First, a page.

Amen. Again, it’s unfamiliar teaching in most Western churches, but it’s a doctrine we’re finding more and more of via narrative hermeneutics. The Orthodox go quite far with it –

If God is a free, spiritual, personal Being, so human beings, male and female, are to be the same. If God is so powerful and creative, having dominion over all creation, so human creatures, made in His image and according to His likeness, are also to exercise dominion in the world. If God exercises dominion and authority not by tyranny and oppression, but by loving kindness and service, so are His creatures to do likewise. If God Himself is love, mercy, compassion and care in all things, so must His creatures, made to be like Him, also be the same. And finally, if God lives forever in eternal life, never dying, but always existing in perfectly joyful and harmonious beauty and happiness with all of creation, so too are human beings made for everlasting life in joyful and harmonious communion with God and the whole of creation.

Makes sense.

Human nature, therefore, is created by God to grow and develop through participation in the nature of God for all eternity. Man is made to become ever more Godlike forever, even in the Kingdom of God at the end of this age, when Christ will come again in glory to raise the dead and give life to those who love Him.

Hmm … To participate “in the nature of God” is not to be all-powerful so much as to take on the personality and character of God himself — it seems.

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About Jay Guin

I am an elder, a Sunday school teacher, a husband, a father, a grandfather, and a lawyer. I live in Tuscaloosa, Alabama, home of the Alabama Crimson Tide. I’m a member of the University Church of Christ. I grew up in Russellville, Alabama and graduated from David Lipscomb College (now Lipscomb University). I received my law degree from the University of Alabama. I met my wife Denise at Lipscomb, and we have four sons, two of whom are married, and I have a grandson and granddaughter.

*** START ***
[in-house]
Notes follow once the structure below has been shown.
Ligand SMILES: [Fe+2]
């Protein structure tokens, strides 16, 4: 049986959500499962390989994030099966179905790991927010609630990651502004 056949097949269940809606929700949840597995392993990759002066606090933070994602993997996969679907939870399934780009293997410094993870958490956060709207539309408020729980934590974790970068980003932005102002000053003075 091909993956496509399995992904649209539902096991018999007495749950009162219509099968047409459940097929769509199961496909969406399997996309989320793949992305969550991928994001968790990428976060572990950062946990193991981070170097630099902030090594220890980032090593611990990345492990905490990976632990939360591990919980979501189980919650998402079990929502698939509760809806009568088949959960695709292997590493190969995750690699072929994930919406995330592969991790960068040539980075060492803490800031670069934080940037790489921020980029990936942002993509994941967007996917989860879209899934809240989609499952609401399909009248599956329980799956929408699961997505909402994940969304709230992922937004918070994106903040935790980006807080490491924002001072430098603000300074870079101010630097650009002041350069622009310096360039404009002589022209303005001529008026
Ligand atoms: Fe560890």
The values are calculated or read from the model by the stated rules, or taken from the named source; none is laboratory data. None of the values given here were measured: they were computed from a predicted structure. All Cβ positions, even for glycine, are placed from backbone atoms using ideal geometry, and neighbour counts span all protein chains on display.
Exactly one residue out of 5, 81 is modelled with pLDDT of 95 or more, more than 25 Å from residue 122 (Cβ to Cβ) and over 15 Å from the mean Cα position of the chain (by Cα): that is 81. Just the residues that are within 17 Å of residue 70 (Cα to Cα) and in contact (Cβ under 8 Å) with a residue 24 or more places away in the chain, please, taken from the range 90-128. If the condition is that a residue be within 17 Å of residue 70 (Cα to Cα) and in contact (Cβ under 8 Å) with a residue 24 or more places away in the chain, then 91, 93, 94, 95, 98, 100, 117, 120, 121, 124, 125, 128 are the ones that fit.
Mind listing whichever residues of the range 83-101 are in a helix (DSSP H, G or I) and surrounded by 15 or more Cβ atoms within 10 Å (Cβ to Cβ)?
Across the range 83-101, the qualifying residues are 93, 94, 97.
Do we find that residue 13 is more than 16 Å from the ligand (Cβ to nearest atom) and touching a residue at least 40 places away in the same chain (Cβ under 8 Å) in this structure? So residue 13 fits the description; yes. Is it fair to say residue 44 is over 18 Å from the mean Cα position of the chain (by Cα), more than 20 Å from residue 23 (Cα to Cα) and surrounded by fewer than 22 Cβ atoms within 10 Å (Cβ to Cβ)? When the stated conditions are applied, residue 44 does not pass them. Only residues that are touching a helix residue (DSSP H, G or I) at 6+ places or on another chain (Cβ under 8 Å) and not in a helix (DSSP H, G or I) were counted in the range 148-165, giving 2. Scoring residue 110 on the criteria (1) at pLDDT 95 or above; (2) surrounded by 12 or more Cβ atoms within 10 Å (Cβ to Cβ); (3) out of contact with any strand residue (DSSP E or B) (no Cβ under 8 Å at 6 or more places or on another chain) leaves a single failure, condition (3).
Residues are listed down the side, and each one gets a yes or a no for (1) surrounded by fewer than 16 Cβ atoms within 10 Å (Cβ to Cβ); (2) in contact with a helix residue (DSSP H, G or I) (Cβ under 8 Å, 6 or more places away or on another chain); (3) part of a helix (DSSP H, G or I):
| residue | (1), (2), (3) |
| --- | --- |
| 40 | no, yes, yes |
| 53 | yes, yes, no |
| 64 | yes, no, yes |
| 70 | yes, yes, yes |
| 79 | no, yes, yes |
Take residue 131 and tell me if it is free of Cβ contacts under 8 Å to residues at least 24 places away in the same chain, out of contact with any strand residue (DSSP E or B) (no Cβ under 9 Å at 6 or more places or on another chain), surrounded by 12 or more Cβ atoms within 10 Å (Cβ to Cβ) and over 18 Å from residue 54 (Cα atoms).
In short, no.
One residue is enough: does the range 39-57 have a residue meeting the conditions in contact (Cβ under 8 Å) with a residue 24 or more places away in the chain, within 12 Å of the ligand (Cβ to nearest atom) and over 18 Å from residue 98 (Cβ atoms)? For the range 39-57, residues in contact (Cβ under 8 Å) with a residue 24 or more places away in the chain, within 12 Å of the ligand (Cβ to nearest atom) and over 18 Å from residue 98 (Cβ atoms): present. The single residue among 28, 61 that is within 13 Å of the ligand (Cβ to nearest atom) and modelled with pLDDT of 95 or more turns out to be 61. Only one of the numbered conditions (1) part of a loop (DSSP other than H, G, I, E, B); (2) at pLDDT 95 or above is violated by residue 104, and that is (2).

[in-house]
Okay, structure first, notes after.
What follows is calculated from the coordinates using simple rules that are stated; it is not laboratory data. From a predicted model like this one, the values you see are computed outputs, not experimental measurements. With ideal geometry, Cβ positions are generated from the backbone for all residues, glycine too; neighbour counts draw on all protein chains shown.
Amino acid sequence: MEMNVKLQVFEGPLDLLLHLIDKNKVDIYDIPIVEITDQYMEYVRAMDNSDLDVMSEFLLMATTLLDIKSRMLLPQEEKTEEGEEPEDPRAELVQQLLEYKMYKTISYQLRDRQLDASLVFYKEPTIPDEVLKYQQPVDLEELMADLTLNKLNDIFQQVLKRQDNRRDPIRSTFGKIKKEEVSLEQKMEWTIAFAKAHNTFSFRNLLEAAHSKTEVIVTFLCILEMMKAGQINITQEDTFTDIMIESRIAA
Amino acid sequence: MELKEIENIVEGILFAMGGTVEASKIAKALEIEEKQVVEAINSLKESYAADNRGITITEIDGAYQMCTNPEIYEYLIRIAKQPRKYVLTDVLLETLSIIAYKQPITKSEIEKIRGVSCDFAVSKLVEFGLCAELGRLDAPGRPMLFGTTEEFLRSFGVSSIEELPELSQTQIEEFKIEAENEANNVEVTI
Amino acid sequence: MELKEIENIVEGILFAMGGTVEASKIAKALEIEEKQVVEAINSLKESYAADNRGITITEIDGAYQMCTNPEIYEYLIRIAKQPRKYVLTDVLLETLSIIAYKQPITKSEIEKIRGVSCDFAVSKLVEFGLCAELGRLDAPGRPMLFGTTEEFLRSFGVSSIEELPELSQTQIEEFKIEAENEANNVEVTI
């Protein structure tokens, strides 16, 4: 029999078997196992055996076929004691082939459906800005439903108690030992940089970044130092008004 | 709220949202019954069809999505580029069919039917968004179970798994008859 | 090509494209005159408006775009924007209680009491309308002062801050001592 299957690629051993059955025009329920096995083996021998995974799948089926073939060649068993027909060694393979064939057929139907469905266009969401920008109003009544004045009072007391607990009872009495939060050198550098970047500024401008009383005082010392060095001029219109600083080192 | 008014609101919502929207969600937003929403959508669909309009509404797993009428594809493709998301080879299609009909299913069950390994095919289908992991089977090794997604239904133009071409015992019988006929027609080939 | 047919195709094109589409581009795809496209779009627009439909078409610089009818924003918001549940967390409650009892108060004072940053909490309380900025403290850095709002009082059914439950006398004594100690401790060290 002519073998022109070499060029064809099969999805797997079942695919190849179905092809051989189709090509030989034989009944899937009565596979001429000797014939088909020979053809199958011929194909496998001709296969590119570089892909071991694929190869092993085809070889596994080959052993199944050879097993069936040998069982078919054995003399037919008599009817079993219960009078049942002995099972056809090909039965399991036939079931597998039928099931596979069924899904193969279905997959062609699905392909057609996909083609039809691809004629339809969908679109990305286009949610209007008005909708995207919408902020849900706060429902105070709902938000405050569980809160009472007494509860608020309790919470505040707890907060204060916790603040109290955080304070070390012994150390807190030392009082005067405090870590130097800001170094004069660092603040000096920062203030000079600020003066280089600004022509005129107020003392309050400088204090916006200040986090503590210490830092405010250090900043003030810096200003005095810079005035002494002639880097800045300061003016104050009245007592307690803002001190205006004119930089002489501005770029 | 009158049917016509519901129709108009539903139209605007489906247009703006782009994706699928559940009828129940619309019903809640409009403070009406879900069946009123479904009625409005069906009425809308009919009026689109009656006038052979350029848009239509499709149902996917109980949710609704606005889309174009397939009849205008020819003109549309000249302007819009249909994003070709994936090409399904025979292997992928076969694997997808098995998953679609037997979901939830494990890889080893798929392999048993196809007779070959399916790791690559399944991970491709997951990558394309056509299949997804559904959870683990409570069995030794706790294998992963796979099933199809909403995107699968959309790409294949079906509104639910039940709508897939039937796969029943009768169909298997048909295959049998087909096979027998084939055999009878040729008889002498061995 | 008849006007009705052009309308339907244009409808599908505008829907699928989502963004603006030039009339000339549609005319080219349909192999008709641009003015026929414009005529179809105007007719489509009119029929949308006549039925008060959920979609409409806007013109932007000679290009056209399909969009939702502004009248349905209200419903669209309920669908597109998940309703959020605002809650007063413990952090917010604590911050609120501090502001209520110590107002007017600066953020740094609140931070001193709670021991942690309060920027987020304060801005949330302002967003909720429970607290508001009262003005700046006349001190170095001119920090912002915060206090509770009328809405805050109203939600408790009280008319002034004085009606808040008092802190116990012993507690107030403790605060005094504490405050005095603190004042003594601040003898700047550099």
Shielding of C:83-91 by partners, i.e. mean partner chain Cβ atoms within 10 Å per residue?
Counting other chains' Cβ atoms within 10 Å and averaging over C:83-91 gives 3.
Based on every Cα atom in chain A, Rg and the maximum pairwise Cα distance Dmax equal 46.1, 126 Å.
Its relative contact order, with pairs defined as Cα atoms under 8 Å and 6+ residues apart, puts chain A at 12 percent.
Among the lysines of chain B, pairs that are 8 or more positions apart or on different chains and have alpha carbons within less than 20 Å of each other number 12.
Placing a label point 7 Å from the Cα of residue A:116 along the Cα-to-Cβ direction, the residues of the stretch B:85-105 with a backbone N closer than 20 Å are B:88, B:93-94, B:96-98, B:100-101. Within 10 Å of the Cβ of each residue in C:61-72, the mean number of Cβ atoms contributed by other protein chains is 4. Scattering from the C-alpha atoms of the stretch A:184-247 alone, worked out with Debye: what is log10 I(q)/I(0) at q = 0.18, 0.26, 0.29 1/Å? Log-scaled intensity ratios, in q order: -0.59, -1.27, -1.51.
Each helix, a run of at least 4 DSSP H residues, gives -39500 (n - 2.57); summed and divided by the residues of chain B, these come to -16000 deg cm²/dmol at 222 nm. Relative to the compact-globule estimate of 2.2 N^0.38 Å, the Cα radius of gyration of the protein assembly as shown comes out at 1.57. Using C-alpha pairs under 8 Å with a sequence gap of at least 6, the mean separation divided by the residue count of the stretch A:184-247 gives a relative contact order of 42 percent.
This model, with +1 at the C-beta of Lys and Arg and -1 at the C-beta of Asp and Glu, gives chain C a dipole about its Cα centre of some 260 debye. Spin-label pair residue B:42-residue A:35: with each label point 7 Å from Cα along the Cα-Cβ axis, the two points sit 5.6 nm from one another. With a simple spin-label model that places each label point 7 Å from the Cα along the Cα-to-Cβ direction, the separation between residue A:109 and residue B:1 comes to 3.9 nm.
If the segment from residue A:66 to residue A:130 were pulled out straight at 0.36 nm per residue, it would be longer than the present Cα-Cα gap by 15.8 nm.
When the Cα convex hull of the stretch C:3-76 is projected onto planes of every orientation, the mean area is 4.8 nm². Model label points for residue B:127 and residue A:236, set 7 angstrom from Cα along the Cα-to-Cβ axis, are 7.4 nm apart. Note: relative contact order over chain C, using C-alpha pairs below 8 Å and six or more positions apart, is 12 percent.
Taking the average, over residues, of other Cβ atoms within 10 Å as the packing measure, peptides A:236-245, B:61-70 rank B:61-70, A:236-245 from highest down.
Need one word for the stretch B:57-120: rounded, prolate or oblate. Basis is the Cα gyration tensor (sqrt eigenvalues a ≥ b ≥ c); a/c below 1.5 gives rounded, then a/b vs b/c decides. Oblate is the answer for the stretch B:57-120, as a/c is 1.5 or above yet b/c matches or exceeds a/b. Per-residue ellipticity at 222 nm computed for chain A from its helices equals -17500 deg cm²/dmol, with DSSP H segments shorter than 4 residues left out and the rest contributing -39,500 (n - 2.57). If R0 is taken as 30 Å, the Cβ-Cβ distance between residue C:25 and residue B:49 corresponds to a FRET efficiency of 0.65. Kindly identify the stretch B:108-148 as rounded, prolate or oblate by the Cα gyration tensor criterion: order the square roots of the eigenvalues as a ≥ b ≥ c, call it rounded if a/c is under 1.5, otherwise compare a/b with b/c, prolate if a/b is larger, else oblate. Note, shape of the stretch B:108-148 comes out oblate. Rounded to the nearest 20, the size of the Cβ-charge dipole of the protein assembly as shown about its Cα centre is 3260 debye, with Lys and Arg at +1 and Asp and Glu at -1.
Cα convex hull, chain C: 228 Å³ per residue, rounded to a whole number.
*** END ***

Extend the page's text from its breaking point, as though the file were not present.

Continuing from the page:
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11 Responses to Creation 2.0: Creation; Man

  1. John says:

    Wonderful post, especially the emphasis of “exercising dominion through kindness and service”.

    However, I wish to point out one thing I believe is missing, and that it is the importance of creation, the universe, and our participation in the creation of the kingdom or paradise of God comes through our recognition of God in creation and creation in God. Notice, I did not say God “is” the creation (pantheism), but God is in creation (panentheism).

    Evangelicals have a problem with the “God in all things and all things in God”. They see it as pantheism which I pointed out it is not. And they also see it as a form of universalism, which it is not. I see it as recognizing God as God; that any view that sees God over there while we are over here sees God through the wrong end of a telescope. When we experience God in all things we experience a continual Consciousness of God, a continual consciousness of all people as God’s offspring, a continual consciousness of kindness and service . Anything less leaves room for much forgetting.

    A final thought. If all things are held together by the power of God, and what believer would deny they are, then how can God not be where God’s power is?

  2. Zach says:

    That last part reminds me of rabbi irving greenberg’s For the Sake of Heaven and Earth when he talks about God’s covenants from adam->noah->abraham->moses were about man’s growing and developing responsibilities and relationship with God.

  3. Adam says:

    The German Jesuit Karl Rahner has really brought this idea into the Western Church with his trinitarian theology – the economic Trinity is the immanent Trinity, and the immanent Trinity is the economic Trinity.

    For me, anyway, it helped to begin to see Christ not just as God for us, but as Catherine LaCugna says, us for God – showing us who and what God is as he “shows” God who and what humanity could be.

    I also love how the Orthodox are more comfortable with the “mystery” of the above statement without having to parse it into a purely intellectual realm.

  4. Zach says: